The Grand Illusion - Part 4
Populating Your Made-Up World

99.9999999999% of kids draw.

Right up to and into their teen years. They may not all grow up and pursue an arts career, but they will all be drawing during their growing up years.


Mostly they will be drawing superheroes and comic book characters. After they tire of ponies and dinosaurs, that is.

When they get to be young adults, some of them will pursue an arts career. A few of those will become illustrators. And a portion of those will want to illustrate children's books.

Illustrating a children's book sounds like fun ... flowers and butterflies, skies full of fluffy clouds and rainbows. Teddy bears and cartoon ponies ... doesn't sound too difficult!

But eventually the day's going to come when you will have to draw PEOPLE! No problem! You've been drawing people since you were six! But maybe you've only been drawing super heroes and comic book characters.

Well, I have some good news and some bad news for you. Let's start with ...

The Good News ...

An illustrator's greatest problem is drawing scenes and figures that don't exist!

If you paint landscapes or portraits, cars or flowers, you generally have a subject or a photo of a subject that you are looking at. But as an illustrator you are drawing people and places that don't exist, totally from your imagination! You have to learn to use live models or photo references or your own knowledge of the real world as a guide to make your fantasy world and people come to life. And in some situations, there won't be any references. Hence the Grand Illusion articles where I keep emphasizing how important it is to get out in the world and observe life.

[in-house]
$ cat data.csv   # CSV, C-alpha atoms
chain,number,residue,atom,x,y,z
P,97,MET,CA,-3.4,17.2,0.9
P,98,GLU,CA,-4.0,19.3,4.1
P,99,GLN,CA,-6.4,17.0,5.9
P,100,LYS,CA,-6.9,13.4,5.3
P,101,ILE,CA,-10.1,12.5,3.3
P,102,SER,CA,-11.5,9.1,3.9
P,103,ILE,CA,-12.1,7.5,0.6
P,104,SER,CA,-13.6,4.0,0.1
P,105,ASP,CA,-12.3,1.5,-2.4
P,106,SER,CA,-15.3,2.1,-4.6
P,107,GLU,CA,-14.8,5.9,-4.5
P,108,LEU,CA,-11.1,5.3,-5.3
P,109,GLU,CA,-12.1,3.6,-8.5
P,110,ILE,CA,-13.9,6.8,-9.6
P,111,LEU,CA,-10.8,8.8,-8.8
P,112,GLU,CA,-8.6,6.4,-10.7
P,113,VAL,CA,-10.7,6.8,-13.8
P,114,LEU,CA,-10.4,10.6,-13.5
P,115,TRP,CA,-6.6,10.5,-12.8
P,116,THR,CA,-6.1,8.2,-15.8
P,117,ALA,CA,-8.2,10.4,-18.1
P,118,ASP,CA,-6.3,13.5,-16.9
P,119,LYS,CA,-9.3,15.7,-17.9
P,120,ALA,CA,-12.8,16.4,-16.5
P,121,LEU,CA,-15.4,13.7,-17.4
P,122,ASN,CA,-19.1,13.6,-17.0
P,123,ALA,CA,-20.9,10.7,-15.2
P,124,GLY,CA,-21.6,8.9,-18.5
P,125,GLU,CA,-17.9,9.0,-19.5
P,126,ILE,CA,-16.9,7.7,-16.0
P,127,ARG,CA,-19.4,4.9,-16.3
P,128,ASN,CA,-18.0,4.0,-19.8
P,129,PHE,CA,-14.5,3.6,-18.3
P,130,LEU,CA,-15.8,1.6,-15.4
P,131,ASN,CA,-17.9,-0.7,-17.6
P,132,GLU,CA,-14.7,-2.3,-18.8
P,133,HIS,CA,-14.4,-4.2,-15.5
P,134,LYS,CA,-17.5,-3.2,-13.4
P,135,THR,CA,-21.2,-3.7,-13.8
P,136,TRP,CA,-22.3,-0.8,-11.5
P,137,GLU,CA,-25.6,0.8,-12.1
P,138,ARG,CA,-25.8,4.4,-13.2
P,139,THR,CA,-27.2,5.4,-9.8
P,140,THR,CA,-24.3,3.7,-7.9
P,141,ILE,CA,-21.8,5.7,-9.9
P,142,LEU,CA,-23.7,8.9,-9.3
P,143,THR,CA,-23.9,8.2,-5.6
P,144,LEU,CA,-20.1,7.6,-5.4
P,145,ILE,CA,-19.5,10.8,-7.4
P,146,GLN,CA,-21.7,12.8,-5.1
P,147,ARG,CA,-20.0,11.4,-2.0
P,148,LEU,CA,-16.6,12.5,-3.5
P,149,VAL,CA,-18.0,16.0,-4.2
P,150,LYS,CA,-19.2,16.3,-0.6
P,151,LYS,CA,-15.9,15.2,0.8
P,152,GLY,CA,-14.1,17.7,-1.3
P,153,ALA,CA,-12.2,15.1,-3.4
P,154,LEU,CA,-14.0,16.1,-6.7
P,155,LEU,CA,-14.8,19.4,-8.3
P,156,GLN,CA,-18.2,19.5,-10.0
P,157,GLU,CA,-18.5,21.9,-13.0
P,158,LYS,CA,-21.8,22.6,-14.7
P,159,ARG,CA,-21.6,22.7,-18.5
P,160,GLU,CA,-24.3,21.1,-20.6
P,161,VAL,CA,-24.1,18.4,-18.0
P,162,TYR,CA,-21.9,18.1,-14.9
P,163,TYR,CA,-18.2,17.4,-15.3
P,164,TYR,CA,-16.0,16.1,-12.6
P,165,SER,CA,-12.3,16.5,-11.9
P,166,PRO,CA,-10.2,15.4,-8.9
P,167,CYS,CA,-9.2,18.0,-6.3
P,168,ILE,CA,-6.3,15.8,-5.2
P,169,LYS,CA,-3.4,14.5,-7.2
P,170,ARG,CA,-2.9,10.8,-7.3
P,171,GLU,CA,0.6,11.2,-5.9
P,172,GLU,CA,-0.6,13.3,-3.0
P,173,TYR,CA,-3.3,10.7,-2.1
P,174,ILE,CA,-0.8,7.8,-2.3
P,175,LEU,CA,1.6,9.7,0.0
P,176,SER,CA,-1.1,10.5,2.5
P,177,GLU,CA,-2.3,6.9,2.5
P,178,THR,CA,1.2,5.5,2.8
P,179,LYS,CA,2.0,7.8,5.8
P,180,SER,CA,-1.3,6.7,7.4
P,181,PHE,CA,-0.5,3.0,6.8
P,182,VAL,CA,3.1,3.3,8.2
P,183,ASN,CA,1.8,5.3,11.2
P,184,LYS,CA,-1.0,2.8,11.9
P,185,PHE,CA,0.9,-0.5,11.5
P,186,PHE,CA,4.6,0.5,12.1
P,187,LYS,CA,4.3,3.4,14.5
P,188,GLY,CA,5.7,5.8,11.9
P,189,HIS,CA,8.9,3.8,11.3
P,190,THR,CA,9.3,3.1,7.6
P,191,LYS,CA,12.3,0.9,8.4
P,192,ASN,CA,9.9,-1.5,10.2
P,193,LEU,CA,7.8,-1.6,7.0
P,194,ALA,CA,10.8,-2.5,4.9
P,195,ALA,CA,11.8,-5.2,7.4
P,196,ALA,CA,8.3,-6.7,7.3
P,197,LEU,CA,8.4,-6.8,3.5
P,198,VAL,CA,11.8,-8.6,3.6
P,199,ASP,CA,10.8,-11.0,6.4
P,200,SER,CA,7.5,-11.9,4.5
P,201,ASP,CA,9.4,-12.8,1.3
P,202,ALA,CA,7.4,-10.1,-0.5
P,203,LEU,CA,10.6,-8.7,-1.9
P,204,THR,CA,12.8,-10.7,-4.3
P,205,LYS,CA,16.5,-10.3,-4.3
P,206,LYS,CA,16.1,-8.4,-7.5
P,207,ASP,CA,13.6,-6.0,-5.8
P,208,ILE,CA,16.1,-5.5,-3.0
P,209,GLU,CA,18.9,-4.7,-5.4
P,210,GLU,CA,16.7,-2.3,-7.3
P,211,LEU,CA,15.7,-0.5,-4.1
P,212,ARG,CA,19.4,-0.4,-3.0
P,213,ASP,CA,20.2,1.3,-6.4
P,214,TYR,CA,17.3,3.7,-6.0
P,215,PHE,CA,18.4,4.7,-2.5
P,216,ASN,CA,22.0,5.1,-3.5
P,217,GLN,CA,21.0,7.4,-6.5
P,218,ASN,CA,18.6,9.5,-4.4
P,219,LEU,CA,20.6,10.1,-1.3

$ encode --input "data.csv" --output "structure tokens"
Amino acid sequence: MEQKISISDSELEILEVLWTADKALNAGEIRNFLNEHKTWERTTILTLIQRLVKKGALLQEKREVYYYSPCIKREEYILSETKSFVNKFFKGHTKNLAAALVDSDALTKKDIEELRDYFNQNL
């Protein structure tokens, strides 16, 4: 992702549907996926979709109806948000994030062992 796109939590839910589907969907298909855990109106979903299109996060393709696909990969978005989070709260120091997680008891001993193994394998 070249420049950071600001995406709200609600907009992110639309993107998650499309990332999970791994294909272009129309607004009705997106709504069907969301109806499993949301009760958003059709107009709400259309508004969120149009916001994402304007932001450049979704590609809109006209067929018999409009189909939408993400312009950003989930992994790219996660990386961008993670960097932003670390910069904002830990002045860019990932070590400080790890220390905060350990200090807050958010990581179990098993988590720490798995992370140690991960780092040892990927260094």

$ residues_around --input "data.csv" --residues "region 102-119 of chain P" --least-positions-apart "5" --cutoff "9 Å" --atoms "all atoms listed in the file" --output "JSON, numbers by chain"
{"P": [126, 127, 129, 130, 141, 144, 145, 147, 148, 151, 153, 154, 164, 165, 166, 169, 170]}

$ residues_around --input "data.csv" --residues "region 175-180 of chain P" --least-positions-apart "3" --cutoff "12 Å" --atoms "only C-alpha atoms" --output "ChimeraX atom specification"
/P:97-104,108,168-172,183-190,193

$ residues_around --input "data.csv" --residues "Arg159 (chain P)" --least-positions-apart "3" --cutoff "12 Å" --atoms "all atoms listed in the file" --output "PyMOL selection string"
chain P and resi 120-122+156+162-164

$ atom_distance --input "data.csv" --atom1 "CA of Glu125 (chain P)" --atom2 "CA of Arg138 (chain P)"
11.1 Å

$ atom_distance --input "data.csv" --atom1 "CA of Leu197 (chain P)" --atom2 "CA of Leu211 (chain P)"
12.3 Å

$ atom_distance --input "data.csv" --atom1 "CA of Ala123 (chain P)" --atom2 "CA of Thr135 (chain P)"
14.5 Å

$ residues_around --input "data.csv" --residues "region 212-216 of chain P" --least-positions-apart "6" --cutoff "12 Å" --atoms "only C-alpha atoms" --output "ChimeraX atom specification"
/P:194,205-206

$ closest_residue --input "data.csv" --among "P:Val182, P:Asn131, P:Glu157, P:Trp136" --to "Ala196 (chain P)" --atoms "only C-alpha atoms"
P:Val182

Copying and practicing drawing comic book art is an excellent way to begin to learn figure drawing! Because the stories in comic books are full of action, which means that while you are copying the art in these books, you are seeing - and learning and absorbing - the figures in all sorts of poses and perspectives. Because a human body is designed to move and respond to it's environment. And good comic book artists know how to capture all that energy in their drawings. That's what a good book illustrator does, too.

I, myself, am no comic book artist! Not by a long shot! But some of the best people-drawing tips that I want to share with you here were learned from comic-artist, Andy Smith and his book Drawing Dynamic Comics. Like I said above, there are many good things to learn from comic book art that are applicable to other kinds of illustration, including children's books. Mr. Smith actually does the opposite of what I'm doing in this article: I'm trying to tell you to use techniques from exaggerated comic art and apply it to more realistic-styled art. Mr. Smith will show you what a realistic-style figure looks like, and then show you how to exaggerate it into a comic hero! He's even got photos of real people who modeled specific poses for him so that he could draw comic book figures!

Four Great Things